Review: VITALINA VARELA Gives Its Inhabitants the Poeticism They Deserve
Director Pedro Costa's film is stunning to behold.
In a barely lit alley created by towering concrete slap walls, we see a funeral procession of a day laborer in the urban slums of Lisbon. So starts Vitalina Varela, another stunning masterpiece by Pedro Costa, one of the greatest living directors.
Ever since Casa de Lava (1994), Costa has been tracing the flight of Cape Verdean immigrants, specifically concentrating on the inhabitants of Fontainhas, the concrete urban slum in the outskirts of Lisbon with series of films since 1997. The last couple of films, Colossal Youth and Horse Money, it was Ventura who was the focus of interest with Vitalina playing a supporting role. Now it is Vitalina who is getting the spotlight.
Just where Costa draws the line between fiction and reality, memories and present is difficult to decipher. His highly formalist approach doesn't help the matter either. But boy, it nevertheless creates a glorious cinematic experience.
Vitalina arrives from Cape Verde, a Portuguese colonial island off the cost of Africa, to attend her bricklayer husband's funeral. But she is three days too late. In a highly artificial, even invoking a Kaurismaki comedy, she emerges from the airplane, soaking wet and barefooted. She is greeted not by family, but a group of immigrant workers working as a airport crew. They tell her, “Go back to Cape Verde, Vitalina there is nothing for you here.”
Vitalina situate herself in her husband's concrete shack, getting used to the low doorframes, meeting both hostile and friendly interlopers. We get use to the space too, trying to navigate our way in what seems to be forever nights, poorly lit interiors where we can barely make out the contours of a face or slumping bodies.
Vitalina finds solace in an empty church, presided by a frail preacher (played by Ventura). No one ever comes here anymore, the preacher tells her. She questions why would her husband leaving her, promising her a better life some 20 years ago, only to endure harsh life in a foreign land just to die? The shack is not the palace he promised her. And why is she there in Portugal?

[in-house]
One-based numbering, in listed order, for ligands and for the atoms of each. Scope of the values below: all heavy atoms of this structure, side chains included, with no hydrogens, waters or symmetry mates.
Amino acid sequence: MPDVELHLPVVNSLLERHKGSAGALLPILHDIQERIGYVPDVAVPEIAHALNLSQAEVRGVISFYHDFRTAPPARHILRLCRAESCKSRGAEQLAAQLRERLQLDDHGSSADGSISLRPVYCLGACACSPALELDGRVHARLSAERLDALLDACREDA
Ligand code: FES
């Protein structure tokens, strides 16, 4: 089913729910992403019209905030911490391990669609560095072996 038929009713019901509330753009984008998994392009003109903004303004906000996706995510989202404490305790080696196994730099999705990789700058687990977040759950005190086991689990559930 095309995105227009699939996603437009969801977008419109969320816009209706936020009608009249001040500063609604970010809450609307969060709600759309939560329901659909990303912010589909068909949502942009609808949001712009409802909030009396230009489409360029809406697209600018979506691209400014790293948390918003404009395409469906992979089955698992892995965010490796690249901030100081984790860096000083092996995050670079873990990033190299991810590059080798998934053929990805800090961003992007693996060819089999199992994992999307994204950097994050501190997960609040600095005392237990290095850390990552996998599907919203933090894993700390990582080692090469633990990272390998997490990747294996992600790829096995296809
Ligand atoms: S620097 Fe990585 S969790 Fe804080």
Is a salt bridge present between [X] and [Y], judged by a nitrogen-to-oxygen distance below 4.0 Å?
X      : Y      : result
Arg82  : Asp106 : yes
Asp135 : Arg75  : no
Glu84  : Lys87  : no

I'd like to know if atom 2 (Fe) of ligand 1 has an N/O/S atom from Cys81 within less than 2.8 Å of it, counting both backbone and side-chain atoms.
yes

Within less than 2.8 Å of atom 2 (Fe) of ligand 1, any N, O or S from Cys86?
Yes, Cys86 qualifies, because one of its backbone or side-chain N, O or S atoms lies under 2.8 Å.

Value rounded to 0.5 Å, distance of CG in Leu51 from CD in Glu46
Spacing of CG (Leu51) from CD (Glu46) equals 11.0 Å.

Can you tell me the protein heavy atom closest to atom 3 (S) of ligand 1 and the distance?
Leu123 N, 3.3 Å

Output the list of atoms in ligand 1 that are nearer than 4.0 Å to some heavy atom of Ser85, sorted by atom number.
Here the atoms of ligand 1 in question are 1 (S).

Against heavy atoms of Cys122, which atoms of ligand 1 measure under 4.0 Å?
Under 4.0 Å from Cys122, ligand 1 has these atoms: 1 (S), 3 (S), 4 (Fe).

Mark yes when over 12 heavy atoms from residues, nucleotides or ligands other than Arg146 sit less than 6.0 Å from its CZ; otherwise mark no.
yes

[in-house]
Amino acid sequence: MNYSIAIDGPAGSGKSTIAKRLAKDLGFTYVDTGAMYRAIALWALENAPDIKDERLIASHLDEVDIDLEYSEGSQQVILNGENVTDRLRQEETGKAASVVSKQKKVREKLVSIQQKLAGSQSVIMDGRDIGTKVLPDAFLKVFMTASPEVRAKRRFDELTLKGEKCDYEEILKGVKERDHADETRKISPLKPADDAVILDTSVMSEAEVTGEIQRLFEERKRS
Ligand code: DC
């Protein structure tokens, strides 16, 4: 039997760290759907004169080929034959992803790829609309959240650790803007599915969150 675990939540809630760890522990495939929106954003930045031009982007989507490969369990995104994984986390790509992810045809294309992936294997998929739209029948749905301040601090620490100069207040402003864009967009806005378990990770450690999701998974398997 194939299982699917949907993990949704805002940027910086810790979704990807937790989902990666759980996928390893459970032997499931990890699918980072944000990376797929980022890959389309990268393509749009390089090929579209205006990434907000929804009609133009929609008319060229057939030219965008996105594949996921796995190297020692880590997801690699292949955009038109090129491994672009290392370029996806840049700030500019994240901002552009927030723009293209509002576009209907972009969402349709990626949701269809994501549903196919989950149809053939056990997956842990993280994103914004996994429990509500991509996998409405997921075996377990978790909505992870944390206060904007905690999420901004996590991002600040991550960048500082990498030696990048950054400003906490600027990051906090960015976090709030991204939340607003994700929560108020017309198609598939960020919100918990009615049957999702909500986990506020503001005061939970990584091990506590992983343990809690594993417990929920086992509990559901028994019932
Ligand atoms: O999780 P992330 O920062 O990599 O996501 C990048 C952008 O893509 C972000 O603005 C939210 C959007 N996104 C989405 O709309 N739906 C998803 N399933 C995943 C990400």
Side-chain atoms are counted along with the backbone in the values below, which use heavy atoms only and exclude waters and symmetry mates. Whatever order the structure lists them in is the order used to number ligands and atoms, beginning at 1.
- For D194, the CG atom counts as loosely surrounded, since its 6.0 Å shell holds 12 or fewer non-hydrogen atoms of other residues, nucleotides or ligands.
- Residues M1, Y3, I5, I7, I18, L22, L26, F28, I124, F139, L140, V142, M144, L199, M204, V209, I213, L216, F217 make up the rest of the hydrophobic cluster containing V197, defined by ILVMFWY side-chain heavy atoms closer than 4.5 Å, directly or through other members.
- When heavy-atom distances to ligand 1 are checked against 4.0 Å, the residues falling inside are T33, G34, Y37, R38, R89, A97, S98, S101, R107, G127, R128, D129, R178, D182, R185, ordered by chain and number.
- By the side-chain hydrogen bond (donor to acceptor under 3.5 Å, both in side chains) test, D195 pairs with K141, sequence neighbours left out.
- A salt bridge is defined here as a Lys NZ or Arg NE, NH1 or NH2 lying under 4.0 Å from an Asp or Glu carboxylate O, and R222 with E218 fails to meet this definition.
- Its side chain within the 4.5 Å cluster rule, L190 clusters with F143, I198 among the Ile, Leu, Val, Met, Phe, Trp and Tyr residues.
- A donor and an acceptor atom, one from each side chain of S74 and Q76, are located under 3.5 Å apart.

A torrential downpour hits the leaky corrugated roof and makes terrible and frightening noises. Neighbors promised to help to fix it when her husband was alive but the promise was never kept. Even though her husband is gone and unseen, it's as if all the dark corners of the slum is permeated with the ghosts of the past, ready to emerge any minute like some jump scares in a horror movie.
Vitalina hosts a younger homeless couple and feed them, only to find out the girl has died since. People appear and disappear, slowly moving across the frame like zombies in Costa universe, existing and not existing at the same time.
Like Ventura's, Vitalina's weathered and angular face tells thousand stories. Her huge eyes reflect the darkness of the exteriors as well as sorrows inside. She becomes an iconic living statue in Costa's observations of the netherworld.
As usual, Vitalina Varela is stunning to look at. Every frame is a work of art. Greatly aided by Leonardo Simões, Costa's cinematographer since Colossal Youth, and João Gazua and Hugo Leitão's sound work, the film gives the lives of its inhabitants the poeticism they deserve.
Review originally published during the New York Film Festival in October 2019. The film opens today at Film at Lincoln Center via Grasshopper Film and will play in select engagements over the following weeks.
Dustin Chang is a freelance writer. His musings and opinions on everything cinema and beyond can be found at www.dustinchang.com